Volume 576, April 2015
|Number of page(s)||19|
|Section||Cosmology (including clusters of galaxies)|
|Published online||17 April 2015|
Ultra-deep catalog of X-ray groups in the Extended Chandra Deep Field South⋆
1 Department of Physics, University of Helsinki, Gustaf Hällströmin katu 2a, 00014 Helsinki, Finland
2 University of Maryland Baltimore County, 1000 Hilltop circle, Baltimore, MD 21250, USA
3 National Astronomical Observatory of Japan 2-21-1 Osawa, Mitaka, 181-8588 Tokyo, Japan
4 Center for Galaxy Evolution, Department of Physics and Astronomy, University of California, Irvine, 4129 Frederick Reines Hall Irvine, CA 92697, USA
5 INAF–Osservatorio Astronomico di Bologna, via Ranzani 1, 40127 Bologna, Italy
6 Scottish Universities Physics Alliance, Institute for Astronomy, University of Edinburgh, Royal Observatory, Blackford Hill, Edinburgh EH9 3HJ, UK
7 Instituto de Astrofísica, Facultad de Física, Pontificia Universidad Católica de Chile, 306, Santiago 22, Chile
8 Millennium Institute of Astrophysics
9 Space Science Institute, 4750 Walnut Street, Suite 205, Boulder, Colorado 80301, USA
10 School of Physics and Astronomy, University of Birmingham, Edgbaston, Birmingham B15 2TT, UK
11 IAASARS, National Observatory of Athens, 15236 Penteli, Greece
12 Institute for the Physics and Mathematics of the Universe, University of Tokyo, 2778582 Kashiwa, Japan
13 Department of Astronomy & Astrophysics, 525 Davey Lab, The Pennsylvania State University, University Park, PA 16802, USA
14 Key Laboratory for Research in Galaxies and Cosmology, Center for Astrophysics, Department of Astronomy, University of Science and Technology of China, Chinese Academy of Sciences, Hefei, 230026 Anhui, PR China
15 Observatories of the Carnegie Institution, 813 Santa Barbara Street, Pasadena, CA 91101, USA
16 Max-Planck-Institut fuer extraterrestrische Physik, Giessenbachstrasse 1, 85748 Garching, Germany
17 Dr. Karl Remeis-Observatory & ECAP, University Erlangen-Nuremberg, Sternwartstr. 7, 96049 Bamberg, Germany
18 Institute for Astronomy, 2680 Woodlawn Drive, Honolulu, HI 96822-1839, USA
19 European Southern Observatory, Karl-Schwarzschild-Strasse 2, 85748 Garching, Germany
20 Harvard-Smithsonian Center for Astrophysics, 60 Garden Street, Cambridge, MA 02138, USA
21 INAF–Osservatorio Astrofisico di Firenze, Largo E. Fermi 5, 50125 Firenze, Italy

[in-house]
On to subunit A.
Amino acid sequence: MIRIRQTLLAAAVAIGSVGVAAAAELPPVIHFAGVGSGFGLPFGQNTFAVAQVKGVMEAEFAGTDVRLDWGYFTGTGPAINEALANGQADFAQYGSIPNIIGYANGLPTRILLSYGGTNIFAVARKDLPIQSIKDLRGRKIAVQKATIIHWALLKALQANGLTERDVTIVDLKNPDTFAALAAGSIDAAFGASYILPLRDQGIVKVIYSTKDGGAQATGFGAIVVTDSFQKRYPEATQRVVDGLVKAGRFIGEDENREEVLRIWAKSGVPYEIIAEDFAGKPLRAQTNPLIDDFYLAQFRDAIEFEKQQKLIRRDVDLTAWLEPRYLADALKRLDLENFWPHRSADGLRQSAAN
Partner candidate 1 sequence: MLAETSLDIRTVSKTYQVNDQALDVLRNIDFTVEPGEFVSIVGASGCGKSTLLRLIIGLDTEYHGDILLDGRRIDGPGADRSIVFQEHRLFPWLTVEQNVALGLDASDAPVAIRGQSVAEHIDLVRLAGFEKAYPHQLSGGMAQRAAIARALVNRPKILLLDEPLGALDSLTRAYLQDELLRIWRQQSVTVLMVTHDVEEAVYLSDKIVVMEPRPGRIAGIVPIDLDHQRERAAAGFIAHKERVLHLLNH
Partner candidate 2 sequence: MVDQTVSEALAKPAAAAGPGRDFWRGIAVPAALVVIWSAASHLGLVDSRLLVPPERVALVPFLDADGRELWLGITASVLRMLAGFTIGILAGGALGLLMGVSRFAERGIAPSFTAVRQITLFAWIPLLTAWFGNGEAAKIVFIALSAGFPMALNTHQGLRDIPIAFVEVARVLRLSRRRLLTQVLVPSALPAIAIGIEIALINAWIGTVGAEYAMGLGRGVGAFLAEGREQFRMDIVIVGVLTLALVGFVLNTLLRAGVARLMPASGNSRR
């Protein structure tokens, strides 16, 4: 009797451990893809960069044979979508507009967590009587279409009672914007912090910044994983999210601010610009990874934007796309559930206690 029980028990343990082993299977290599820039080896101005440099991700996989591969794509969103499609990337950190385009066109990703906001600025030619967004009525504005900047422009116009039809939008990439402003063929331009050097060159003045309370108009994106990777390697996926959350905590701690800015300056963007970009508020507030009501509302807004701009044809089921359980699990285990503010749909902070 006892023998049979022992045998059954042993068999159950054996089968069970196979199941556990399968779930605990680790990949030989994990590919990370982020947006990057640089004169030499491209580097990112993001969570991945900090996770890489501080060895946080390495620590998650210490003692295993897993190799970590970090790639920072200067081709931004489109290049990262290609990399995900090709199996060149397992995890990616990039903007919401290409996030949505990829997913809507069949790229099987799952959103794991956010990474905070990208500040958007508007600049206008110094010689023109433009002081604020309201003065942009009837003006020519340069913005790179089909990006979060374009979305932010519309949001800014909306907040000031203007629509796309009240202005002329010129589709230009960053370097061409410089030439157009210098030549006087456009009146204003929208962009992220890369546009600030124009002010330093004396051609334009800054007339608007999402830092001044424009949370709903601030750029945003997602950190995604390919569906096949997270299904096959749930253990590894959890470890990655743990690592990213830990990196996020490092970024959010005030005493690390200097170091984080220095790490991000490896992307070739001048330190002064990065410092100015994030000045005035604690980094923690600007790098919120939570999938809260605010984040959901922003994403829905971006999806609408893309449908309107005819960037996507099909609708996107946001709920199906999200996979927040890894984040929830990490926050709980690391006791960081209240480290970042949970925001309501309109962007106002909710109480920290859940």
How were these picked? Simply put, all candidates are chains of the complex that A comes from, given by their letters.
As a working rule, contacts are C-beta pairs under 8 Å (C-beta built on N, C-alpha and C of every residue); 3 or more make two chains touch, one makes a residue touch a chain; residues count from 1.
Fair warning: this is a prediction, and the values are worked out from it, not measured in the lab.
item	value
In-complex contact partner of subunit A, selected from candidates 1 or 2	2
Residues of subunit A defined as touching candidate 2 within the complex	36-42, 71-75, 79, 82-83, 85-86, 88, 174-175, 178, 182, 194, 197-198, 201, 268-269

22 Dipartimento di Fisica e Scienze della Terra, Universita degli Studi di Ferrara, via Saragat 1, 44122 Ferrara, Italy
23 California Institute of Technology, MS 249-17 Pasadena, CA 91125, USA
24 Research School of Astronomy & Astrophysics, Australian National University, Cotter Road, Weston Creek, ACT 2611, Australia
25 Universität-Sternwarte München, Scheinerstrasse 1, 81679 München, Germany
Received: 14 November 2013
Accepted: 31 January 2015
Aims. We present the detection, identification and calibration of extended sources in the deepest X-ray dataset to date, the Extended Chandra Deep Field South (ECDF-S).
Methods. Ultra-deep observations of ECDF-S with Chandra and XMM-Newton enable a search for extended X-ray emission down to an unprecedented flux of 2 × 10-16 ergs s-1 cm-2. By using simulations and comparing them with the Chandra and XMM data, we show that it is feasible to probe extended sources of this flux level, which is 10 000 times fainter than the first X-ray group catalogs of the ROSAT all sky survey. Extensive spectroscopic surveys at the VLT and Magellan have been completed, providing spectroscopic identification of galaxy groups to high redshifts. Furthermore, available HST imaging enables a weak-lensing calibration of the group masses.
Results. We present the search for the extended emission on spatial scales of 32′′ in both Chandra and XMM data, covering 0.3 square degrees and model the extended emission on scales of arcminutes. We present a catalog of 46 spectroscopically identified groups, reaching a redshift of 1.6. We show that the statistical properties of ECDF-S, such as log N − log S and X-ray luminosity function are broadly consistent with LCDM, with the exception that dn/dz/dΩ test reveals that a redshift range of 0.2 < z < 0.5 in ECDF-S is sparsely populated. The lack of nearby structure, however, makes studies of high-redshift groups particularly easier both in X-rays and lensing, due to a lower level of clustered foreground. We present one and two point statistics of the galaxy groups as well as weak-lensing analysis to show that the detected low-luminosity systems are indeed low-mass systems. We verify the applicability of the scaling relations between the X-ray luminosity and the total mass of the group, derived for the COSMOS survey to lower masses and higher redshifts probed by ECDF-S by means of stacked weak lensing and clustering analysis, constraining any possible departures to be within 30% in mass.
Conclusions. Ultra-deep X-ray surveys uniquely probe the low-mass galaxy groups across a broad range of redshifts. These groups constitute the most common environment for galaxy evolution. Together with the exquisite data set available in the best studied part of the Universe, the ECDF-S group catalog presented here has an exceptional legacy value.
Key words: gravitational lensing: weak / X-rays: galaxies: clusters / large-scale structure of Universe
Table 4 is available in electronic form at http://www.aanda.org
© ESO, 2015
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